Our advice? Run, don't walk, away from products that don't contain a preservative. Because if the pros can't manage to keep their products uncontaminated (just last summer, the FDA announced the recall of skin sanitizers and lotions marketed by Clarcon Biological Chemistry Lab), how can the little guys manage it?
Wednesday, May 5, 2010
Jenny and Skip Alexander are a husband and wife team with lots of talent and a job they love. "We do everything from construction work to making dainty jewelry," they say. "We are completely self-employed and are loving every minute of it!"
And we love the jewelry in their Etsy shop, AlexandersDesigns. They work with "a unique blend of Swarovski Crystals, lamp work and glass beads, semi-precious gemstones, sterling silver, fine silver, pewter, and gold. Some pieces are playful, bold with lots of color and some pieces are simple yet very beautiful."
Our favorite, which leapt off the page and practically spoke to us, was the ring "Hammered," a handmade Sterling Silver band created by Skip, above.
The couple is celebrating their one-year Etsyversary this week, and are offering a 25%-off sale on everything in their shop from May 5th -12th. Just make sure to type "ETSYVERSARY25" in the message to seller when you buy.
The sale is good in their other two shops as well, so be sure to check those out for some great finds!
Monday, May 3, 2010
He must have gone after the Bonaparte gulls, because they were dive-bombing him as he sat atop that tree. He refused to be bothered by them, of course. He's far too regal a bird for that. Or maybe he's a she, I don't know. There is a pair of bald eagles nesting very close to our house, and I imagine this is one of that pair.
This morning we heard the distinctive call of our dear Sandhill Cranes, who must have just arrived home last night. They are incredibly funny to watch ... they walk like a silly butler in a cartoon. However, their cry is wonderful to listen to, and they surely plan to wake up us with it early every morning from now until September, as is their usual wont.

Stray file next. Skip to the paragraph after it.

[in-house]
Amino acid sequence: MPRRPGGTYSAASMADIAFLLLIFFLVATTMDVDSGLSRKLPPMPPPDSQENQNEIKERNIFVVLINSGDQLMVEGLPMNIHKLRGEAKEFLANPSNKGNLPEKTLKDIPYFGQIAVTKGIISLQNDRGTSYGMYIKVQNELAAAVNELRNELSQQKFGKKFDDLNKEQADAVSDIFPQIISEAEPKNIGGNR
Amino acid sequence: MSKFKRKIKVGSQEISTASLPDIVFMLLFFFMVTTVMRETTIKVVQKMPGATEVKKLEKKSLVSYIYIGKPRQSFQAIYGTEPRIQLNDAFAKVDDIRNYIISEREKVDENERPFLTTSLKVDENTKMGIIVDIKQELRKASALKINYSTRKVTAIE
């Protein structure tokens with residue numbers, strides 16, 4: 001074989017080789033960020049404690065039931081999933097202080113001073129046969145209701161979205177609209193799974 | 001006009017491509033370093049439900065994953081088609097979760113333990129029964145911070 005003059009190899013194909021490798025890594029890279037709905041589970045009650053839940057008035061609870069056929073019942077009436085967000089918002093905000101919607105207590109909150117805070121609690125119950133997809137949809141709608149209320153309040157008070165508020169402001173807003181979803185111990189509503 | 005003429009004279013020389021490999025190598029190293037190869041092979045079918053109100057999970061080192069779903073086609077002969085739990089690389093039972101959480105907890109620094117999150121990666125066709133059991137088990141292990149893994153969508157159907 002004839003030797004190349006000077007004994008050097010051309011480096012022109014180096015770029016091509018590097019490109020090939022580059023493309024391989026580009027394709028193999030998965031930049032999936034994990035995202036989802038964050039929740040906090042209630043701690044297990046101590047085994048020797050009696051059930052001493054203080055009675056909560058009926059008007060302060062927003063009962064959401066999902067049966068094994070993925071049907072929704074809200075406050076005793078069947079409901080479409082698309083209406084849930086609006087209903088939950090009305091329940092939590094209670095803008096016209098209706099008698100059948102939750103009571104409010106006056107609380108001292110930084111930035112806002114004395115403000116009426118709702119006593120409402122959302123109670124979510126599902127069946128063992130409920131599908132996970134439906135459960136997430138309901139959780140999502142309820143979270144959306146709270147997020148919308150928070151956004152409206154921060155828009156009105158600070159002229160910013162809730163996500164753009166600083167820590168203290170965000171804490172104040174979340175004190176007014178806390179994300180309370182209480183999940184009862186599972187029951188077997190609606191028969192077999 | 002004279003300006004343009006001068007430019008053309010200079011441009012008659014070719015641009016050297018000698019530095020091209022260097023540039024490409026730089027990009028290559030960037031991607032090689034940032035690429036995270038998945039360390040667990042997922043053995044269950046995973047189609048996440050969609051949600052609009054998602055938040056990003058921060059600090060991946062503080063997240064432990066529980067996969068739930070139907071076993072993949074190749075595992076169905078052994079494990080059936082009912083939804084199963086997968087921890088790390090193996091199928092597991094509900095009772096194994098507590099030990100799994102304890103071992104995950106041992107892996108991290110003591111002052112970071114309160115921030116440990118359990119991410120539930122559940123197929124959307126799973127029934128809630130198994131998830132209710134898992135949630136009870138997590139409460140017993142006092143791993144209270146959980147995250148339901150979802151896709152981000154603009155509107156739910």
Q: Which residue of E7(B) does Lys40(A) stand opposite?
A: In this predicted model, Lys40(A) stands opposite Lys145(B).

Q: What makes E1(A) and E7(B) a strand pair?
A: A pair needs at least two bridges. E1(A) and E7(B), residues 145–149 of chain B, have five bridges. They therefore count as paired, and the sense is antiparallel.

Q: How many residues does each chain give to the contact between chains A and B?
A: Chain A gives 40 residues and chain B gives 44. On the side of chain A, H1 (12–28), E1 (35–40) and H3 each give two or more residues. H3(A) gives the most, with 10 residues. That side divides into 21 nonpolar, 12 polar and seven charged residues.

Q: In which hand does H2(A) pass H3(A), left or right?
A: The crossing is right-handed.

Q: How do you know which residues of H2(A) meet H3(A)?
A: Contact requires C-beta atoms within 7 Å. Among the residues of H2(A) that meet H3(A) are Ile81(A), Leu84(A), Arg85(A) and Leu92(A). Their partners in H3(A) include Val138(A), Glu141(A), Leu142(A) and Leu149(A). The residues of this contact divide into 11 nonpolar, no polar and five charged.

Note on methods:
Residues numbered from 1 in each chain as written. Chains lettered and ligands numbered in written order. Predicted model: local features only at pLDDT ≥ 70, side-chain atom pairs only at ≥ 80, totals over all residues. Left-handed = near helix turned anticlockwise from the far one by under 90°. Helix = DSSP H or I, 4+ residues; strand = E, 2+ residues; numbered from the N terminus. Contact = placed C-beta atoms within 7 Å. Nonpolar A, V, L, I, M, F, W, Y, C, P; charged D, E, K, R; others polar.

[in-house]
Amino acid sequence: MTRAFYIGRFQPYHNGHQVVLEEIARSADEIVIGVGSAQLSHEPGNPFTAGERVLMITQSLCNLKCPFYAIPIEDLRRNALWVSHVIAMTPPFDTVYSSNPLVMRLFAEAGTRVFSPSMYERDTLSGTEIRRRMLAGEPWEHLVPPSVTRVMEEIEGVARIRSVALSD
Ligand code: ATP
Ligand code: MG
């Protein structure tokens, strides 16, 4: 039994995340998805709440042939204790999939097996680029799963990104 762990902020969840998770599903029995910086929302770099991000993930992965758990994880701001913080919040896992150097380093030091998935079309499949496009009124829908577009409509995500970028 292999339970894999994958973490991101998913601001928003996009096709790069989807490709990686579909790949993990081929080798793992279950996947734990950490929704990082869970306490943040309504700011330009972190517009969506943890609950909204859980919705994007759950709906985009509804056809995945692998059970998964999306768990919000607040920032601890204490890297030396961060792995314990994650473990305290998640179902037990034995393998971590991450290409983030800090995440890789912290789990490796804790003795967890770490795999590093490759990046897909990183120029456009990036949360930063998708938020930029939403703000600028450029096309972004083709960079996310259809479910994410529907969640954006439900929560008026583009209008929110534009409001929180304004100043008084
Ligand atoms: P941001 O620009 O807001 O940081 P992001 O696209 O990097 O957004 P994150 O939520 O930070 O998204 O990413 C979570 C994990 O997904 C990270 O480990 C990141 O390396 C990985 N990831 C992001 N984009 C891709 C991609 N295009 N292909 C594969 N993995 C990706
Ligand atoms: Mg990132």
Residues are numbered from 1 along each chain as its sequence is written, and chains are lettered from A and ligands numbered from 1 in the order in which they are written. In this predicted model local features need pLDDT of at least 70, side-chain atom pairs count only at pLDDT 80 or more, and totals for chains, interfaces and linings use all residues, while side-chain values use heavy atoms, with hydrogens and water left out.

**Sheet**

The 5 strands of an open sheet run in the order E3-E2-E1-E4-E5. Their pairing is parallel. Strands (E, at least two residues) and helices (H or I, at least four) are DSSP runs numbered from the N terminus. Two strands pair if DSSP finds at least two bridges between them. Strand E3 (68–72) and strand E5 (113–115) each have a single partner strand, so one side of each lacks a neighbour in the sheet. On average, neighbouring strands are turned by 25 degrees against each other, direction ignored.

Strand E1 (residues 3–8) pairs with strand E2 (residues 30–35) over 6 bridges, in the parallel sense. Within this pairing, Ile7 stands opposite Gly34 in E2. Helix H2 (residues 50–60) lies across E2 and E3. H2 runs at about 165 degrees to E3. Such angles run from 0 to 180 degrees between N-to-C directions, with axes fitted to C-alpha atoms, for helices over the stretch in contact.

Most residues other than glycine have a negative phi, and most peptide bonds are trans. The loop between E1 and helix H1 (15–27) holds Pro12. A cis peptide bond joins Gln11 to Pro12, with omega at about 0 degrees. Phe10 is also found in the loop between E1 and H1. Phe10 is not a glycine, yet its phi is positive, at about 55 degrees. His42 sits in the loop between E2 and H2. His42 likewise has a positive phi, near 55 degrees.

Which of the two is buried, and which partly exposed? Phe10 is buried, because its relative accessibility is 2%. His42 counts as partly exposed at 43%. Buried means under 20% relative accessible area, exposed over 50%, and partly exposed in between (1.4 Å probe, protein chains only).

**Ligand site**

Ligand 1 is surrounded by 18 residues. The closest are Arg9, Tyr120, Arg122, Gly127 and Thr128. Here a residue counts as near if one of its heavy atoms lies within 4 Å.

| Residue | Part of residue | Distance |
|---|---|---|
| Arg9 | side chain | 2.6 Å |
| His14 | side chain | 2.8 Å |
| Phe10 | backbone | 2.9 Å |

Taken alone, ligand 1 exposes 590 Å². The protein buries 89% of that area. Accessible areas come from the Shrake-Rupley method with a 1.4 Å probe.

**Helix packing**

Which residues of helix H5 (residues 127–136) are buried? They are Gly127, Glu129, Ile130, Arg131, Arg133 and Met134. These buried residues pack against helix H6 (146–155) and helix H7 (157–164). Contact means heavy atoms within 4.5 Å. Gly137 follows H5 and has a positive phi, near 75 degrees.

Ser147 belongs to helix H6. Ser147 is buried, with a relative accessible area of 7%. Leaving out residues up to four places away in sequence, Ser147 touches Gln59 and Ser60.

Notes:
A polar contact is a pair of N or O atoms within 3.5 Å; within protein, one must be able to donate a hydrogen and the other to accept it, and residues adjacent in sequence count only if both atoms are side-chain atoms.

As funny as they look when walking, though, when they fly they are amazing to watch.
So all we are waiting for now is our beloved loons. Usually we get at least one or two pairs nesting on our lake. Their lonely call is heartbreakingly beautiful. And, they make they cutest babies! We'll post photos when they arrive!
Thursday, April 29, 2010
The pair are the driving force behind "Our Home To Yours," a fabulous shop on Etsy that offers a fun combination of items like hand-crocheted childrens' hats and stuffed toys, unique vintage items and home decor, and photography.
Whether or not people can become addicted to lip balm is controversial and debated a lot among researchers and other people with lots of time on their hands. It IS known, however, that balms like Carmex, Blistex, and some Chapstick-type products contain ingredients such as menthol, camphor or phenol, which are actually drugs meant to DRY up skin problems such as canker sores, ect.
Furthermore, these ingredients are much too harsh for everyday use. They do nothing to actually nurture the skin on your lips, and most contain petroleum products, which some feel are very harmful and at the least do nothing good for you.
At Swan Mountain Soaps, we create a natural, nuturing balm for lips that moisturizes with ingredients like cocoa butter, shea butter, pure olive oil, castor oil, and Vitamin E. No drugs, no petroleum products, no nonsense. With flavors like Decadent Butterscotch, Chocolate Orange Truffle, Minty Lime, Apricot Honey, Wild Alaskan Rose and Alaskan Violet, Chai Tea, and even an unflavored version (just for geeks!), we know they're good enough to eat. We don't recommend it, of course, but isn't it nice to know that you can?
Sunday, April 25, 2010
Tuesday, April 20, 2010
He itched. He cried. He had diarrhea all the time.
Trying to be a good mommy, I put him in tepid baths with a little ground oatmeal to try to stop the itching. It didn't help. We tried changing his diet - he wasn't eating too many different things yet - Cheerios were his favorite food, and he loved fruits and veggies. Finally, I took him to an allergist.